Many of the country’s growers believe that the energy-related effects are negligible. They maintain that, although their lighting and equipment draw from the power grid, the sales taxes from their legal products can be spent on environmental initiatives that offset the harm they’ve done.
Although it’s possible to grow a water-efficient cannabis crop, especially when compared to other crops such as almonds and cotton, large-scale outdoor grow ops use a substantial amount of water. One cannabis plant may absorb up to six gallons of water each day. Over a growing season, that adds up to thousands of gallons per acre. You can also Buy fast flowering strains that will take less time to grow in total and are also typically smaller plants. Both of these attributes translate to less water requirements per plant.
When compared with the almond crop in the example above, which takes over three gallons of water to produce just one almond, it may not seem like much. However, as cannabis farms grow in numbers, it’s sure to affect water levels, especially in places with frequent droughts.
The cannabis cultivation industry produces numerous waste streams, some of which fall under solid and hazardous waste regulations. Dangerous wastes generated by a cannabis cultivation facility may include used refining chemicals, organic solvents, reactants, aerosols, residual fertilizers, cleaning products, batteries, lighting ballast, and much more. It’s up to the grower to follow their state’s laws and to form an appropriate hazardous waste management strategy. Keep this in mind when you buy AK-47 seeds or Gelato seeds for sale online and be prepared to handle your wastes responsibly.
An unpermitted grower who wants to remain undetected may choose public lands as a place to conceal their operations. Not only are these lands a great place to hide a grow op, but they’re also a prime wildlife habitat.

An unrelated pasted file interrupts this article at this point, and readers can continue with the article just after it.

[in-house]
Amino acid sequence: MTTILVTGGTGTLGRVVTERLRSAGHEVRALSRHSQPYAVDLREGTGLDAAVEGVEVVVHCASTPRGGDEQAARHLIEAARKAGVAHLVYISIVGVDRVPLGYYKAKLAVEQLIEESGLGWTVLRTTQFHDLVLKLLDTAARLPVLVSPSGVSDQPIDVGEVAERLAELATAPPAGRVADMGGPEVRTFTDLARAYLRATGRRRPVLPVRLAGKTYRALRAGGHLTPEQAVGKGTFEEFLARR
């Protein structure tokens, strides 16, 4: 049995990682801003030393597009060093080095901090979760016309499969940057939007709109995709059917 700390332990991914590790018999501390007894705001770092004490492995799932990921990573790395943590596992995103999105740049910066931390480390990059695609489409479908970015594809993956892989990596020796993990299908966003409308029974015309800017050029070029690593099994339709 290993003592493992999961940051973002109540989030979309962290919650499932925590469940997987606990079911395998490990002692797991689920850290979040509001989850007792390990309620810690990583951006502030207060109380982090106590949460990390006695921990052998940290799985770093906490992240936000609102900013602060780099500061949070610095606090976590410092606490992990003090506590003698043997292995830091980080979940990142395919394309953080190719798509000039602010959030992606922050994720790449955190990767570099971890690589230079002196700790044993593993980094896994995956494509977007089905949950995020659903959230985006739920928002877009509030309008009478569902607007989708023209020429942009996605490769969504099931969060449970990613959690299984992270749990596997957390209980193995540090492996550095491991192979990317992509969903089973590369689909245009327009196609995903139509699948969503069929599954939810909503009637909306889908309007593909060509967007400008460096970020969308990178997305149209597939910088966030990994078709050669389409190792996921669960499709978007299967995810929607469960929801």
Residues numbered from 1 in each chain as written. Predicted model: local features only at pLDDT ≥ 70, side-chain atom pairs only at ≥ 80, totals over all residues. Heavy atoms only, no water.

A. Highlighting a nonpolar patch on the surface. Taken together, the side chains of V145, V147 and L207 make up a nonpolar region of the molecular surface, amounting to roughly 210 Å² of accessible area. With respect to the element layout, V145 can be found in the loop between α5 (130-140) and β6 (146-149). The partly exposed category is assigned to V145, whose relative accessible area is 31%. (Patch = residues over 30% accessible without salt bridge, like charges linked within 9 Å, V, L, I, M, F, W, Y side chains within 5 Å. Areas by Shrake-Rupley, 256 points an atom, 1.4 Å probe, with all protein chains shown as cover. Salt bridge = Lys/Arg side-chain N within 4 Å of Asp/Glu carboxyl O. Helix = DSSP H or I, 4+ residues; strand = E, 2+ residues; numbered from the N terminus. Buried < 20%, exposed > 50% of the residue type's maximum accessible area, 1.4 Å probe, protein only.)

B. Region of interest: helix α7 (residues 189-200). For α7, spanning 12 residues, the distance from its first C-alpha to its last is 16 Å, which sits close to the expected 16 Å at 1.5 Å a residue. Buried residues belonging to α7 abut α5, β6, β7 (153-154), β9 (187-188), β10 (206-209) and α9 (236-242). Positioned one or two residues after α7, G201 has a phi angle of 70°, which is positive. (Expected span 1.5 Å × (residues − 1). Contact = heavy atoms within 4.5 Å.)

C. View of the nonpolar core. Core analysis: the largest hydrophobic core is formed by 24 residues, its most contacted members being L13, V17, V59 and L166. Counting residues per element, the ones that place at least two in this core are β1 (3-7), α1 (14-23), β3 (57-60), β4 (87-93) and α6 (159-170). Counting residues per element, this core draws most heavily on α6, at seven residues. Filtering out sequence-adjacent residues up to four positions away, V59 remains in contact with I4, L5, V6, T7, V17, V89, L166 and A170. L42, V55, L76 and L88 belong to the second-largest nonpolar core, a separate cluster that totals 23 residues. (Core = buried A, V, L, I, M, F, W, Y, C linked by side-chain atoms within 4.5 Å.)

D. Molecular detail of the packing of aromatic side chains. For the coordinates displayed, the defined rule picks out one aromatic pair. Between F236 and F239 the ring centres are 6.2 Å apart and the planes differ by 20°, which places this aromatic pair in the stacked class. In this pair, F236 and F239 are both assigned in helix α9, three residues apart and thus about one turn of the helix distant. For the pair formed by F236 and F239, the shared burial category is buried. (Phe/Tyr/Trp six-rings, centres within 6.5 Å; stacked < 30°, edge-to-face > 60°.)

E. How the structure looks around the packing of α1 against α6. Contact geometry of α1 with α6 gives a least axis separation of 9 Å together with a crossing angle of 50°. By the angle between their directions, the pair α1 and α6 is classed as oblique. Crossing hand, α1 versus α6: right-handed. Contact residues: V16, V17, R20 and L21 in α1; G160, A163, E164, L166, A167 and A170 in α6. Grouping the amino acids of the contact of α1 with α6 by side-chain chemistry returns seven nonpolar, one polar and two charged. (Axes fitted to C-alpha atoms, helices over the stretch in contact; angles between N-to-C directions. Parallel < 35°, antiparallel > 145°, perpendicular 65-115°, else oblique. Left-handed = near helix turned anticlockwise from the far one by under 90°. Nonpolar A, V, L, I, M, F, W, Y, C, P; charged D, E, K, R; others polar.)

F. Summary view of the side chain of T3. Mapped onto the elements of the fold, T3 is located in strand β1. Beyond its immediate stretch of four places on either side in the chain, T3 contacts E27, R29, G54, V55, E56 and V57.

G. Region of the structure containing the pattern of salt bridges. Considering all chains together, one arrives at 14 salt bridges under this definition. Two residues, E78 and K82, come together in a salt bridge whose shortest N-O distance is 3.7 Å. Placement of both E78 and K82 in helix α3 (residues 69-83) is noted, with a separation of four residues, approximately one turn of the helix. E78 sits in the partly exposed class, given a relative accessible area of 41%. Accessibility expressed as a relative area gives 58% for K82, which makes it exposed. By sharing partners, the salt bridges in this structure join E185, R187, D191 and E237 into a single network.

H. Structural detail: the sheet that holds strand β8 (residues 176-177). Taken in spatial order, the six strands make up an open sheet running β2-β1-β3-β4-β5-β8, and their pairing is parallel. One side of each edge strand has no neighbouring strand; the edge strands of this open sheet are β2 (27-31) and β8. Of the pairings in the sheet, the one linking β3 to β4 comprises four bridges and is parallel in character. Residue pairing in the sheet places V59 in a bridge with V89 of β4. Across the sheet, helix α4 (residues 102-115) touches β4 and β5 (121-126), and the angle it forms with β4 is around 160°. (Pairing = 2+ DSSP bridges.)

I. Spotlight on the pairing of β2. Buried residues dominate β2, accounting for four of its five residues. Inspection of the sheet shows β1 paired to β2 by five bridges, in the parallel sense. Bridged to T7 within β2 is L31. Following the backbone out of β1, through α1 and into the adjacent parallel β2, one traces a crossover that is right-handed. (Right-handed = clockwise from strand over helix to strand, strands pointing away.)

Cannabis growing sites interfere with watersheds and habitat restoration. Trespass grows, which use substantial amounts of toxic chemicals to prevent crop damage, have been shown to harm mammals, birds, and fish. One study out of California found that almost 80% of deceased fishers (small meat-eating mammals) were exposed to chemicals at illicit cannabis grow sites. The rate is increasing, and other species such as coyotes, ravens, gray foxes, and owls have also been poisoned by the byproducts of outdoor cannabis cultivation. The number of pesticides used on a half-acre of illegally grown pot could cover 1000 acres of growing corn, and wildlife may pay the price.
It’s not just illicit growers causing environmental problems. Since Colorado’s dispensaries started selling legal recreational marijuana in 2014, emissions from the state’s cultivation facilities have raised air pollution concerns.
The state’s public health experts are working on air quality models to gain a greater understanding of how commercial cultivation affects the atmosphere. Research shows that cannabis plants produce VOCs or volatile organic compounds that pollute the air.
If cannabis plants emit volatile organic compounds, there’s a significant possibility that, under the right conditions, cultivation may affect the ozone layer. The terpenes that give cannabis its unmistakable smell are a form of VOC that, when combined with sunlight and nitrogen oxide, form aerosols that degrade ozone.